Sen. Costa said some revenue growth estimates have state revenues increasing by $750 to $800 million, but Pennsylvania's unemployment level remains high.
            Speaking to a group of local social service agencies about budget issues, Sen. Hughes said, "If you are not out there spreading the word, then you are not doing your job. That's why I called you out here on the Friday before Christmas in the cold. You have to be involved in the front end of this process. The new governor has said he will not raise taxes, that he's going to do it with cuts. I think it's hard to imagine how that can happen but you should be ready for it."
            Sen. Jake Corman (R-Centre), Majority Chair of the Senate Appropriations Committee, said there is at least a $3.8 billion structural deficit the new General Assembly and Governor will have to deal with.   He agreed, however, the deficit could easily top $4 billion and said, "The next budget will be rough."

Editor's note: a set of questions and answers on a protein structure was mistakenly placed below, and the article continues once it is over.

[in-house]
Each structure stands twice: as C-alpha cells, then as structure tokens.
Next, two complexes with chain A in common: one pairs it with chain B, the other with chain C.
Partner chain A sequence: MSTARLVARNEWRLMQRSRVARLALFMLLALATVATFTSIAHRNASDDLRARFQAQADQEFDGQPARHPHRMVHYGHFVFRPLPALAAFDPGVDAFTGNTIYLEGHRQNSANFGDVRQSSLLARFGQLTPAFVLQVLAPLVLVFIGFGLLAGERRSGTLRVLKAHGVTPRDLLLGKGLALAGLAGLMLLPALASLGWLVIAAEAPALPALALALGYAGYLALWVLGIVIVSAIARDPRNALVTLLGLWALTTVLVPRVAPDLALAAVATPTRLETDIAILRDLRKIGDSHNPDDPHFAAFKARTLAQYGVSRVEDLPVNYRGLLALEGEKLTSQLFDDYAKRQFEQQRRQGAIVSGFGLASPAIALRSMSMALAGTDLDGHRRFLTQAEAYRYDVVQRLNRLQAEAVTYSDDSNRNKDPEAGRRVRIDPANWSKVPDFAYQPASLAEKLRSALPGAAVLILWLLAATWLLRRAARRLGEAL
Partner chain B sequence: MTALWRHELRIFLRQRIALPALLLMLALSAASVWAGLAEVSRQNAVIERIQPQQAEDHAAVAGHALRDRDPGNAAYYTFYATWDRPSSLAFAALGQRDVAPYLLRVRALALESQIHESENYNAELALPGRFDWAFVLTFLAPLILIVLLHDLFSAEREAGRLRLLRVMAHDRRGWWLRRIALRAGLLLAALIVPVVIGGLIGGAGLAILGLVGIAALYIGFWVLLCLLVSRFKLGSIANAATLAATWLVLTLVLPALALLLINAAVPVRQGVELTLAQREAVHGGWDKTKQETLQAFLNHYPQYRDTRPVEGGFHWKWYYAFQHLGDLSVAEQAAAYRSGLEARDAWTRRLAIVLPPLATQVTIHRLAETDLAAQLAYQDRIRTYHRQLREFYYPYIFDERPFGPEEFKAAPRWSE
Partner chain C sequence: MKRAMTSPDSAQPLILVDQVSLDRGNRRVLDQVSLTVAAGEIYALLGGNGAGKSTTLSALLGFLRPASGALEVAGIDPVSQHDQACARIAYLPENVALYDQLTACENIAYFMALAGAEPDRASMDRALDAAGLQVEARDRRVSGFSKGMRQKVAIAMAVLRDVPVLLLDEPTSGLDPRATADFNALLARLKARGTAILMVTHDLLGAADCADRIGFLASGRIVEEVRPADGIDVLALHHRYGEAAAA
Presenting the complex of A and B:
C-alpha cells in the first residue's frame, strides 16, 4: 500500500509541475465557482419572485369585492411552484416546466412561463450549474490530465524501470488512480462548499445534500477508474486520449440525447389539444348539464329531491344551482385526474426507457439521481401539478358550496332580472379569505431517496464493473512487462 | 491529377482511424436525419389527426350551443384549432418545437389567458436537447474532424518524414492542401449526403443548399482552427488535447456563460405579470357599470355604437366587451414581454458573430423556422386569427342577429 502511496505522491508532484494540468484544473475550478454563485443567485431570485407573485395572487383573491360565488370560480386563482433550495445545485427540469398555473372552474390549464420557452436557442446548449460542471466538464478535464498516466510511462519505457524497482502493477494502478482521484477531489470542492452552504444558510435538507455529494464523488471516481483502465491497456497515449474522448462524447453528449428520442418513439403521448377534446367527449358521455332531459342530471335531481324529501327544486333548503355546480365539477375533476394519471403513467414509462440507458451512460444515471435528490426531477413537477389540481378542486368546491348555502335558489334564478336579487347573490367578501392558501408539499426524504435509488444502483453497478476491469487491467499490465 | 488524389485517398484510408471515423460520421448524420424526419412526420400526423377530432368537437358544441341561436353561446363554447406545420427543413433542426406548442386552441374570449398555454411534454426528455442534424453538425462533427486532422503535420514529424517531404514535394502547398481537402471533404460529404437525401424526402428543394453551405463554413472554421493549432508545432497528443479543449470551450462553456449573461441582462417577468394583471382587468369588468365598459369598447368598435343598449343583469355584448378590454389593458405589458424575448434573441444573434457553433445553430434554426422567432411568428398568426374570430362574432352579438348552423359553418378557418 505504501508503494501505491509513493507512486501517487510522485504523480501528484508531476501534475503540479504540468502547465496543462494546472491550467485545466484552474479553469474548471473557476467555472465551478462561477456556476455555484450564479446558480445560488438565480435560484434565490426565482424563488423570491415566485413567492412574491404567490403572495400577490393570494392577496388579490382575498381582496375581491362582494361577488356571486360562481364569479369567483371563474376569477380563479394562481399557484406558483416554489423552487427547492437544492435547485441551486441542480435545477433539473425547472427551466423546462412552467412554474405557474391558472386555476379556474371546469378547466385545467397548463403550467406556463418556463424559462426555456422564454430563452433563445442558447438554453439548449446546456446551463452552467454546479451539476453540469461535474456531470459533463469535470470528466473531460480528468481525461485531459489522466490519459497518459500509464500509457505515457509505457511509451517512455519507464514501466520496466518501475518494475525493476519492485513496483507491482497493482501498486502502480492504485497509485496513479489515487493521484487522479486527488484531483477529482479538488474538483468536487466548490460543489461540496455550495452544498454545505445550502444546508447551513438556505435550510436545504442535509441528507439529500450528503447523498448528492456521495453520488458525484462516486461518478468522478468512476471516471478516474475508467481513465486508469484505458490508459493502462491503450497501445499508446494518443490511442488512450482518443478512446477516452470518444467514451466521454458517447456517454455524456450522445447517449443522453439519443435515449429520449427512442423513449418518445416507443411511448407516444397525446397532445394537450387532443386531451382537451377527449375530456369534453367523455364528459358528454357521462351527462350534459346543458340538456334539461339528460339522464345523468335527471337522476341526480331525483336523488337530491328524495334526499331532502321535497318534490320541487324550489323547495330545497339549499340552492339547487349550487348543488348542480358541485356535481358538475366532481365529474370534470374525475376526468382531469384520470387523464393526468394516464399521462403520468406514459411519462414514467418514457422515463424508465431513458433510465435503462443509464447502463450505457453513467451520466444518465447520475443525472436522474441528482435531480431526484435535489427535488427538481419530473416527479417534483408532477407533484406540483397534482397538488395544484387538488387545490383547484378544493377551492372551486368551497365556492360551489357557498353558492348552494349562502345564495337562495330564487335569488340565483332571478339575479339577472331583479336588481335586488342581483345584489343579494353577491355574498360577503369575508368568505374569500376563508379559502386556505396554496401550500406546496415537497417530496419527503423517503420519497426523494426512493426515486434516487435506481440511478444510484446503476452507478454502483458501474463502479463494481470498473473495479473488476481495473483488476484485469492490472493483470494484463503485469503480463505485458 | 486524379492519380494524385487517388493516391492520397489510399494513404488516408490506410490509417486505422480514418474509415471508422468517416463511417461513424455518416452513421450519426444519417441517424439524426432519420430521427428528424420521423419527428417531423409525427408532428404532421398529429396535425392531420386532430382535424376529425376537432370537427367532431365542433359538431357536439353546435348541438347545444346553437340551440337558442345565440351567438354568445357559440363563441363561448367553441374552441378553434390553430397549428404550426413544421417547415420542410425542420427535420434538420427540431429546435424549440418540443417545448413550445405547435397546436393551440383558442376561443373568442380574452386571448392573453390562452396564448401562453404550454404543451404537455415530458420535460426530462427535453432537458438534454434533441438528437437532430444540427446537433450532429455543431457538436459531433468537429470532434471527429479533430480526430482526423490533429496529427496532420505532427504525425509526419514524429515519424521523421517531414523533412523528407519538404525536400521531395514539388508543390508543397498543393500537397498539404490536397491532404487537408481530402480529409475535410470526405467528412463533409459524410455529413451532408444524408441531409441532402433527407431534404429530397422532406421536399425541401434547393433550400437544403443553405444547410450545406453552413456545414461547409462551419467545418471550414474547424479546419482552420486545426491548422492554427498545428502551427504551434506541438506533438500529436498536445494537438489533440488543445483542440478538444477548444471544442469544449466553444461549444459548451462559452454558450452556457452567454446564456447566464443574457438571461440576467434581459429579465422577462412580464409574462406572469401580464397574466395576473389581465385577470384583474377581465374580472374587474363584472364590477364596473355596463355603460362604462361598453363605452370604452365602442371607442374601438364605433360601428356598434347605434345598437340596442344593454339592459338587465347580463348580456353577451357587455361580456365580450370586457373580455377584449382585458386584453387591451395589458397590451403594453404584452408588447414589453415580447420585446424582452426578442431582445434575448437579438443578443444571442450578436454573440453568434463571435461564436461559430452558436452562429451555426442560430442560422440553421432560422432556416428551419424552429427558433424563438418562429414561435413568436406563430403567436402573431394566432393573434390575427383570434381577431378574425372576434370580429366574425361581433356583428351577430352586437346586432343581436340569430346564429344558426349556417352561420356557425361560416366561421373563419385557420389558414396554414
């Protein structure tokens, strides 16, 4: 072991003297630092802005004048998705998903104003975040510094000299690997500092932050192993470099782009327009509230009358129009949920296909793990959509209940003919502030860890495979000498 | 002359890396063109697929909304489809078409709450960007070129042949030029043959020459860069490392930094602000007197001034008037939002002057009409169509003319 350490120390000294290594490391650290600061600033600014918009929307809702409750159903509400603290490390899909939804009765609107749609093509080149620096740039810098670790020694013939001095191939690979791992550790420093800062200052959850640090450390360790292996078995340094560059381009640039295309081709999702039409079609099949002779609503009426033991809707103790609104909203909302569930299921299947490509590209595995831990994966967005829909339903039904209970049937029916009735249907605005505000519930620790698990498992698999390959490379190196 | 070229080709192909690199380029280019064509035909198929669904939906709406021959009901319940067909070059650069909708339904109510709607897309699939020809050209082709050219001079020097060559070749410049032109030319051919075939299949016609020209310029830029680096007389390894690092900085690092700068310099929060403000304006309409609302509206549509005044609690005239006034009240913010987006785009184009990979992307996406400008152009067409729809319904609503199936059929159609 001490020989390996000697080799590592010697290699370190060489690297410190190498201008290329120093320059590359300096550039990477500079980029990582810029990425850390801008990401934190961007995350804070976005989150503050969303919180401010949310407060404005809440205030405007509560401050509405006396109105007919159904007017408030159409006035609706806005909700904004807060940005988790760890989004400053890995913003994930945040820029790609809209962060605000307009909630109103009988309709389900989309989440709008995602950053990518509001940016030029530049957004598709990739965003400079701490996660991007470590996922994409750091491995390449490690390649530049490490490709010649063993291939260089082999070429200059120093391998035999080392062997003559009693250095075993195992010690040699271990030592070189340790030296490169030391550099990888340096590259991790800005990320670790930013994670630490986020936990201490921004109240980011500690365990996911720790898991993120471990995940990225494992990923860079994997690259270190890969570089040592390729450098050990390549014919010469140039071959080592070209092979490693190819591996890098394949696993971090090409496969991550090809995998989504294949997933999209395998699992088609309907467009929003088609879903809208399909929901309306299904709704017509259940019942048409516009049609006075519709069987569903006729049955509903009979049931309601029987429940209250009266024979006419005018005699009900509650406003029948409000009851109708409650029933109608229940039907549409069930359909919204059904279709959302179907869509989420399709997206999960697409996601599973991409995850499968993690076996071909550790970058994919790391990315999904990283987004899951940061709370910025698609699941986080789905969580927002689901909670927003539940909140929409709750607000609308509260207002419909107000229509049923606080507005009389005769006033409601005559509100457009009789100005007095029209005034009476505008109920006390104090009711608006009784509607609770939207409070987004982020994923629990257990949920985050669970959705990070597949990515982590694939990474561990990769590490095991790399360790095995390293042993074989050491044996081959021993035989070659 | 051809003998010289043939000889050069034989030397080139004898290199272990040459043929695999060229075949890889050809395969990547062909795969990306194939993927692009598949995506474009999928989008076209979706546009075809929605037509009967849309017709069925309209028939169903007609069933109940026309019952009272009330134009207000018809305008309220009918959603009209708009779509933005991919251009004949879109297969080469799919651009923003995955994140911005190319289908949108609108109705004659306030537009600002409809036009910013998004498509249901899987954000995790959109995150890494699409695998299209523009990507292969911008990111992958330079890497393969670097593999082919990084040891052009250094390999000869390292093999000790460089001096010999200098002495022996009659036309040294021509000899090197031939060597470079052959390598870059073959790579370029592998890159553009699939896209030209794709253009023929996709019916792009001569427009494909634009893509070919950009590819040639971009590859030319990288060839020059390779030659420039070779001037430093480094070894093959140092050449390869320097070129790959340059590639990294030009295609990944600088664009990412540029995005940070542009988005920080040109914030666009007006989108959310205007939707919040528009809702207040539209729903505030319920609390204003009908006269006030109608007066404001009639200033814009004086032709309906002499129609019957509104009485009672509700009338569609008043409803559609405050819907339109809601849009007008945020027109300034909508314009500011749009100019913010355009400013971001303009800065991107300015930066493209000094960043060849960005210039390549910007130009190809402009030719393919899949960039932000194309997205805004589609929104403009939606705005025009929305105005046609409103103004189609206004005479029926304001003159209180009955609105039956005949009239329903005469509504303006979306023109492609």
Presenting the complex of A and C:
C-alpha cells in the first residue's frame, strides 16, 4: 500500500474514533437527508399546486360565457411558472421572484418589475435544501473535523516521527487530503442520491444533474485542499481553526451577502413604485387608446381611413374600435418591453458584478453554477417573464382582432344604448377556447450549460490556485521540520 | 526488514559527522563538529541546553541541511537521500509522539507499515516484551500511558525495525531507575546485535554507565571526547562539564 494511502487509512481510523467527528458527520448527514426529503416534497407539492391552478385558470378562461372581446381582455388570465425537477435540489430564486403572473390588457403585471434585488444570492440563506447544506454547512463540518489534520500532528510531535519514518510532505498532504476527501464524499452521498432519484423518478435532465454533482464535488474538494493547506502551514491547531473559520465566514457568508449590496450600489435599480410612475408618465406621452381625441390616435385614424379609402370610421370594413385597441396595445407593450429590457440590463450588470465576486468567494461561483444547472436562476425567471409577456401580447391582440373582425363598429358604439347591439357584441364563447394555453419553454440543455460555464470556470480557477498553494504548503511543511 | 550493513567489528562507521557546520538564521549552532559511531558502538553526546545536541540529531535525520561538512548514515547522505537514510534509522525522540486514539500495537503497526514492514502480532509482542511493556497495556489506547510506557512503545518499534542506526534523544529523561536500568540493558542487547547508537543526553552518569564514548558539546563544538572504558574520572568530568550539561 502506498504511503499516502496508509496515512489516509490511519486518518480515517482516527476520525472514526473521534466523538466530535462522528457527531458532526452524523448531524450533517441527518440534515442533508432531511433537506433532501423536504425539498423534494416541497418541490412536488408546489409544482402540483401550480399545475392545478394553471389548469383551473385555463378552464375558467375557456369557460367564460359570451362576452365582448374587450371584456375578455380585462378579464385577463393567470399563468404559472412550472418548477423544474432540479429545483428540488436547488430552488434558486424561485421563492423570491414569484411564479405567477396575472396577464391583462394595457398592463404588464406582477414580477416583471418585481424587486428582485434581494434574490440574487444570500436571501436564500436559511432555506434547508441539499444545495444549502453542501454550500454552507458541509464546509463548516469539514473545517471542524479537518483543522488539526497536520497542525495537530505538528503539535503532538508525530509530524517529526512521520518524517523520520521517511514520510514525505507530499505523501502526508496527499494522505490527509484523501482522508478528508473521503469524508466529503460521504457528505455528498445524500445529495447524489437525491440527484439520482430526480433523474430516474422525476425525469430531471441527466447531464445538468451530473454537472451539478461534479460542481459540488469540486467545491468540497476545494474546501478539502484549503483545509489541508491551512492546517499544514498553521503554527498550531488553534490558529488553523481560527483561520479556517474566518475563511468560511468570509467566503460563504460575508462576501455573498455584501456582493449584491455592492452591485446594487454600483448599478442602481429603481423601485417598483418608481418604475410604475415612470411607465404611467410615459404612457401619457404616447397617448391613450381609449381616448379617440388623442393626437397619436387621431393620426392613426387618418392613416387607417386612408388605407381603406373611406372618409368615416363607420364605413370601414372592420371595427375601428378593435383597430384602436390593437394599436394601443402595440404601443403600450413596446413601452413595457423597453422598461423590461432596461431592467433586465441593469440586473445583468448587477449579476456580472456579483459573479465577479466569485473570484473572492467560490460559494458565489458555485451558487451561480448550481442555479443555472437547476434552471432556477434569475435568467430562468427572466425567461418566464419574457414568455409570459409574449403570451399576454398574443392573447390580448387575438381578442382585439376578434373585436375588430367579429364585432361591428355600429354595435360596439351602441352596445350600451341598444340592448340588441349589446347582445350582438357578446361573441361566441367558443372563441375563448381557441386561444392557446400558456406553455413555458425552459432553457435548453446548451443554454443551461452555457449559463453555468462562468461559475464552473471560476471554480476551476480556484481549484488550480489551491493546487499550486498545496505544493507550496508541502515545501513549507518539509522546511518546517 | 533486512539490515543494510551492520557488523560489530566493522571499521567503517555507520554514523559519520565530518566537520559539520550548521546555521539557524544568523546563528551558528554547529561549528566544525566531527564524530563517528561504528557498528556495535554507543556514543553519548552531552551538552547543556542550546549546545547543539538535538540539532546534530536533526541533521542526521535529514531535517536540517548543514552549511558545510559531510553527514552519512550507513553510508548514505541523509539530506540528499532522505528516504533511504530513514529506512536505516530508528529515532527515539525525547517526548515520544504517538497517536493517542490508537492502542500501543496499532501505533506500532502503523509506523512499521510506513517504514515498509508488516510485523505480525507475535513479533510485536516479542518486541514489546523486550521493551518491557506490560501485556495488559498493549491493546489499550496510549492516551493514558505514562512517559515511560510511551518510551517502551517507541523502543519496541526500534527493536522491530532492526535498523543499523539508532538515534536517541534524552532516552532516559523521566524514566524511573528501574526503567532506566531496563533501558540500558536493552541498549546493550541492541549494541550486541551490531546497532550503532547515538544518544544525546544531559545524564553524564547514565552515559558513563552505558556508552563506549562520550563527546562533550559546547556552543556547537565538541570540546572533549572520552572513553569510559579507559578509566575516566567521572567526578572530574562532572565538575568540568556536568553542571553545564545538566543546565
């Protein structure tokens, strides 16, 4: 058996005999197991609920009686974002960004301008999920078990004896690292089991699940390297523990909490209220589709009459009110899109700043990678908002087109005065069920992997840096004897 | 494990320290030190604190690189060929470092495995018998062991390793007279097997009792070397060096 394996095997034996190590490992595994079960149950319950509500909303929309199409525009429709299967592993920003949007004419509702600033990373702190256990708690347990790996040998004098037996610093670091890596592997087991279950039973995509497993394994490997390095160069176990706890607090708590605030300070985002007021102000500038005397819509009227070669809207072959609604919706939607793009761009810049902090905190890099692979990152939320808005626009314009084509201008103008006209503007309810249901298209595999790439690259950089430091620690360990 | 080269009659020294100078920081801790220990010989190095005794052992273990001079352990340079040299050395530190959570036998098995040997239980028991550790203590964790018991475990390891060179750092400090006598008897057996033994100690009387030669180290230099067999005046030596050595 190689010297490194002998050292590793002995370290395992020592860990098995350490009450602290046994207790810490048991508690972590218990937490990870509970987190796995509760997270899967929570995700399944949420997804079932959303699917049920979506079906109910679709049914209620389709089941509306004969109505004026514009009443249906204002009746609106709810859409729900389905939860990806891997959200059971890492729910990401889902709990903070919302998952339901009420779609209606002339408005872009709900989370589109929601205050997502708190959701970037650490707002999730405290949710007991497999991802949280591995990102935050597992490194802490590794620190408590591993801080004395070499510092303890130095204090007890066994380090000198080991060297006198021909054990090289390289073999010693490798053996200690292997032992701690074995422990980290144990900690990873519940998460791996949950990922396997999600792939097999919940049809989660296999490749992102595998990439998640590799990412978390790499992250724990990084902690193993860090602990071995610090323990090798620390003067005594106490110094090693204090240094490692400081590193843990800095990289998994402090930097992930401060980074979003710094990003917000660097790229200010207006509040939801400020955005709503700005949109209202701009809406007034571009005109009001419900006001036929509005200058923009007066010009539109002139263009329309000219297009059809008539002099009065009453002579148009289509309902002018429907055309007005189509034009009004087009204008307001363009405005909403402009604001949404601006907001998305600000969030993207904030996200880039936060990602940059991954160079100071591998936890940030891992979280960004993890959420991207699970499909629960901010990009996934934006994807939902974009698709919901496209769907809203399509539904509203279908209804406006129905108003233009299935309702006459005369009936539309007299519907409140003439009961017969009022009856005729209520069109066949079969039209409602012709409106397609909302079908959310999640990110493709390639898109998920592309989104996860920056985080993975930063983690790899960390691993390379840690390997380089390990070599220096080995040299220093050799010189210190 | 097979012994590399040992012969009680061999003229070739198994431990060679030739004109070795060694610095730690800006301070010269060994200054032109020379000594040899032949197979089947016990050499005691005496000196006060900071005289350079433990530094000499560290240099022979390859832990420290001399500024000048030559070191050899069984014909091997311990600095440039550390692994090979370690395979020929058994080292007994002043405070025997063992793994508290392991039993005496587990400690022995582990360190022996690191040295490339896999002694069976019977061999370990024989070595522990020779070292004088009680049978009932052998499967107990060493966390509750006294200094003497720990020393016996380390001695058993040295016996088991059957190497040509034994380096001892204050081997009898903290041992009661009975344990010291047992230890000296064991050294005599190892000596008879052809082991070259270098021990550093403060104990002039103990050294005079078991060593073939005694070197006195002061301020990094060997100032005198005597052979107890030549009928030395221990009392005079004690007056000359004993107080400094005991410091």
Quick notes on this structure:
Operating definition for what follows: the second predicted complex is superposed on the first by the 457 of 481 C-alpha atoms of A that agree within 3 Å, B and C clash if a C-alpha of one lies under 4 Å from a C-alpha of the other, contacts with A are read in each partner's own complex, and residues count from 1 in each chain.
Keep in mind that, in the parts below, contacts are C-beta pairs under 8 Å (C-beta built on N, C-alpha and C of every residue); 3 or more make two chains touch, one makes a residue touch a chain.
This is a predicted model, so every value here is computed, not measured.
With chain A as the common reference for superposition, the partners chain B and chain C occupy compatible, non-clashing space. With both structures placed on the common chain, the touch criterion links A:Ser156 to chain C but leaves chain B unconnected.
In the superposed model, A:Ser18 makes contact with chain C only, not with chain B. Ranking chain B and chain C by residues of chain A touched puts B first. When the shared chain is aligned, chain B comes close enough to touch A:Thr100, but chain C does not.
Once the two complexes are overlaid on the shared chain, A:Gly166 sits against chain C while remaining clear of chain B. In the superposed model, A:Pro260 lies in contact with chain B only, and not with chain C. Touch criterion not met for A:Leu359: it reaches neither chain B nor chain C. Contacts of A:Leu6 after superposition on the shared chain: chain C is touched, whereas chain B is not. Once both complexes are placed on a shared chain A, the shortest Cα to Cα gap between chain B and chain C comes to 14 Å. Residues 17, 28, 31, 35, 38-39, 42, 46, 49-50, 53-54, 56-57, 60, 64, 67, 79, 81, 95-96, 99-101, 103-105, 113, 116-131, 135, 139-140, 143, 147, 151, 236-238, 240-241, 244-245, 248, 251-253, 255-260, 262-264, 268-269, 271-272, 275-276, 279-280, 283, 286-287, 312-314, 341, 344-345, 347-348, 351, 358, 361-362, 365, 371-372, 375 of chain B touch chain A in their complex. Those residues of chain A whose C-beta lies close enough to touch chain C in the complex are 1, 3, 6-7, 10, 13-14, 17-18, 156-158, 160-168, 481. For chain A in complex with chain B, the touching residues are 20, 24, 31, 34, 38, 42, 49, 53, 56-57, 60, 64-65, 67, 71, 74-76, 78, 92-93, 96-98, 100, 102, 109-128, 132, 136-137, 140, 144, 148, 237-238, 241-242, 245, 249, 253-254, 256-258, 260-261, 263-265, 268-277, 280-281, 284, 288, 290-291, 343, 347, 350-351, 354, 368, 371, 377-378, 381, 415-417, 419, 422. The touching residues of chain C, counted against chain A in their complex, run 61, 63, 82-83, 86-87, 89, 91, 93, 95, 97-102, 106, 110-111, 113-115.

Officials are projecting that revenues will end the year on estimate, the Governor said. Pennsylvania's investments in economic development, job training and education - combined with a commitment to efficiency and fiscal discipline that has made it possible to cut the cost of running state government by 14 percent since 2003 - have made Pennsylvania one of the most fiscally stable states in the nation.